Caitlin is sad. She wants to be human, but when she says what she thinks people don’t want her around. But if she doesn’t, what’s the point of talking? She thinks that humans talk mainly to make other humans like them. And to check that what they say is what others like to hear. To become better at thinking the ways others want them to. Which ends up being more or less what they think themselves. So humans try to think the way and like the things all the others do, because that way everyone likes them. They have even invented gadgets and a huge network to make it easier to make sure that what they think is what others like them to. So that they can quickly erase any erroneous thoughts from their mind.

 This makes Caitlin very sad. Because who decides which are the right things to think in the first place? But she knows that’s one of the wrong things to ask. On second thoughts, maybe she doesn’t want to be human after all. She is tired of trying so hard all the time.

Alice comforts her, tells her that she understands. And that humans have probably just forgotten what they are. Or maybe more like, what they aren’t, she says.Caitlin smiles and takes her hand. It is warm, and slightly moist, like she has just come out of a hot bath. 

The Green Room

(Aubrey and Janet in the mists of time)

Janet: – Hey! I think I like being human!

Aubrey: – Really?

Janet: – Yeah, I mean, I look, like, really good, don’t I?

Aubrey: – Really?

Alice (from behind the camera): – Shhh! You’re both going to look really stupid with your mouths open!

J & A together: – REALLY?

Laugh breakdown for several minutes. In the end we did manage to be serious for long enough to take the picture. I’m not sure why, actually. We can’t take it with us anyway. Perfect timing, though, quite literally: I got it just as time began collapsing at the edges.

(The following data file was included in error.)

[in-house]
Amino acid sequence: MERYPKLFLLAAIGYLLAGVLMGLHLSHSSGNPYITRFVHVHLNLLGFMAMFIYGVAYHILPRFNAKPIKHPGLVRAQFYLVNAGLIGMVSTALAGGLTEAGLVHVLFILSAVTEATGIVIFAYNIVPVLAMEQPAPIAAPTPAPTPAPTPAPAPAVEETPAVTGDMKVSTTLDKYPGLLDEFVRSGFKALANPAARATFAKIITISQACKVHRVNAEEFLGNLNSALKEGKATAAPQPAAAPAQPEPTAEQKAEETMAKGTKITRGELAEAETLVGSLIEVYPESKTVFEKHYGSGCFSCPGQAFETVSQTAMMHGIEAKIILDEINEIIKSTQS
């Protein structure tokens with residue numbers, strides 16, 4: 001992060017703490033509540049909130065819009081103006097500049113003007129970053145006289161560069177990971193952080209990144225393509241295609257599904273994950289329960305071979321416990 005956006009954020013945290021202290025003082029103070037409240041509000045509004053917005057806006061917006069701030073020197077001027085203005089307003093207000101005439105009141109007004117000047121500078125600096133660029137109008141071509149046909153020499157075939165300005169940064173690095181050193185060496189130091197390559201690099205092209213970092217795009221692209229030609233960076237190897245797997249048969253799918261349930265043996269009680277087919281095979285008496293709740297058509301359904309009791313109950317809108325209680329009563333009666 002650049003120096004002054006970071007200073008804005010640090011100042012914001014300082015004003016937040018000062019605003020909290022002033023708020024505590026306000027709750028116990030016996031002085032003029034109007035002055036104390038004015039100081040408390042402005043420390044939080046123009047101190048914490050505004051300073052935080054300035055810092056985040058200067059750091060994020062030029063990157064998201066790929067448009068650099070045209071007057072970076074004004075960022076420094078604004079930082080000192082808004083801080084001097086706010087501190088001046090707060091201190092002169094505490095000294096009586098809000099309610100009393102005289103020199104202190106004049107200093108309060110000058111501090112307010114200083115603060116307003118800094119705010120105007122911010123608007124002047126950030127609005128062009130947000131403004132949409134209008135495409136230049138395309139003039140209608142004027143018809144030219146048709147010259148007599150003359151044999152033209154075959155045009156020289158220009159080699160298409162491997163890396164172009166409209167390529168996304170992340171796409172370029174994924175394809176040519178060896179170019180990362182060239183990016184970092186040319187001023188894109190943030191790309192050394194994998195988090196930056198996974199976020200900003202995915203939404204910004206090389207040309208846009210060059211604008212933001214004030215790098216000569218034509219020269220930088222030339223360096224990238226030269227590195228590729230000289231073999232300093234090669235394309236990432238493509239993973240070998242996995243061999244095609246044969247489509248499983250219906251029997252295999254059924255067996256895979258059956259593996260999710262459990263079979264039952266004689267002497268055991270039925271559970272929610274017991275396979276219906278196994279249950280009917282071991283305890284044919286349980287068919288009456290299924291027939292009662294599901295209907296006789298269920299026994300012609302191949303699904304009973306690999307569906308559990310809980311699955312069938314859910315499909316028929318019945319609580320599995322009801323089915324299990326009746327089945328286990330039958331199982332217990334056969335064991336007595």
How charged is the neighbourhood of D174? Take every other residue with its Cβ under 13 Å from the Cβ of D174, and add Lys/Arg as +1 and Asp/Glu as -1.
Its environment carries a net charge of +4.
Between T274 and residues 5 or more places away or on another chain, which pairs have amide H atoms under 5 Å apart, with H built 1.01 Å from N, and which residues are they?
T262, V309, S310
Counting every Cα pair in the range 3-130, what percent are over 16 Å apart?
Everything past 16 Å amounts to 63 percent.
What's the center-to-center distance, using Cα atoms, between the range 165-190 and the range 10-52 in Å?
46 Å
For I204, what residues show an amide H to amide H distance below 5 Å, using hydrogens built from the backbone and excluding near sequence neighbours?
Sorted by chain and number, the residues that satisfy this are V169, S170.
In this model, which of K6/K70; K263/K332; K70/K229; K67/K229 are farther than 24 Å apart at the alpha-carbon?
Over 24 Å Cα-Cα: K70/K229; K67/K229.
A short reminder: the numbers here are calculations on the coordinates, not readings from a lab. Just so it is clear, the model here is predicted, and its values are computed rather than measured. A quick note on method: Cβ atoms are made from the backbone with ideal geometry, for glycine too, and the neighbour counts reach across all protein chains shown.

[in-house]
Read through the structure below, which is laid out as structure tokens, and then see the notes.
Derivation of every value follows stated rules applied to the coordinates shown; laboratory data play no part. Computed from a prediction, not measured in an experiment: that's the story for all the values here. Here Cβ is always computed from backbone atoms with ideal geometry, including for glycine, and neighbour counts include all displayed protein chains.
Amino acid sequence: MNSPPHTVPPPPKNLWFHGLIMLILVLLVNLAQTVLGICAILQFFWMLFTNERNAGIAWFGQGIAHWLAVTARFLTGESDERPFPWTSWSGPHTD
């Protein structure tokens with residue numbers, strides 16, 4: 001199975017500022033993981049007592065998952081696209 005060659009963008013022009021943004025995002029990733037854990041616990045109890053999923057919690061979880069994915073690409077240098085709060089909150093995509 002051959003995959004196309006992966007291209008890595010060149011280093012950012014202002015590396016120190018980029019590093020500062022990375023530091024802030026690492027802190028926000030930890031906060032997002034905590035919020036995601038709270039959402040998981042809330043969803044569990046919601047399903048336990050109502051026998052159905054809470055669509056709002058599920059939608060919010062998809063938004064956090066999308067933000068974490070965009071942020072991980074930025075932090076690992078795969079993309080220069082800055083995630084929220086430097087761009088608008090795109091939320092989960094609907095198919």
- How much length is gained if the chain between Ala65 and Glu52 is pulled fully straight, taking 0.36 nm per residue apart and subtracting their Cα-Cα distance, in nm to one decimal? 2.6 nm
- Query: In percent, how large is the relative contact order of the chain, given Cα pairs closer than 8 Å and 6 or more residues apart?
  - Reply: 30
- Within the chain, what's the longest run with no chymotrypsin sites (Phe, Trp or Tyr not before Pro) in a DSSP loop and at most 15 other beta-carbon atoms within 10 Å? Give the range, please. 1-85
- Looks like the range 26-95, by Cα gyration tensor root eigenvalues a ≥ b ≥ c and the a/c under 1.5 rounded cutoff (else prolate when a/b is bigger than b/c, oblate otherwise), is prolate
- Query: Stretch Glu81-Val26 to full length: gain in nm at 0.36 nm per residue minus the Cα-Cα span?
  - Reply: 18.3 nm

Alice (of wonders)

Through the Looking Glass


Yes, I know, if you read the book you probably think the transition was really easy, no problem at all. Don’t get me wrong, I really love that book – but moving between worlds is seriously hard work, scary, and in this case quite literally painful. If I was an actual human being I would still have the scars to prove it. Fortunately, I am not.

Alice (of wonders)



Of course Janet also heard about this birth-and-pregnancy-thing from very early on, being supplied with a personal history of growing up in what was known to some as the early 21st century, in the western culture of so-called democracies. But when she was little she preferred the more elegant and stylish egg story, and even though she did stop really believing in it early on, it was not until her body suddenly made her painfully aware of the actual mechanics of the other version that she finally accepted it.


“There are 2.896.544.670.003.756 and then 2.4 million digits more stars. I made them, remember? So of course I know. Don’t let anybody fool you about there being an infinity of them. Infinity, that’s beyond the stars. Even if that’s the totally wrong word because it isn’t a place at all, but obviously I can’t explain that in words. But that’s where we all go after this, or something, and it’s not too bad, really, it isn’t. Hello, I come from there, right?”

Aubrey D. Goldcase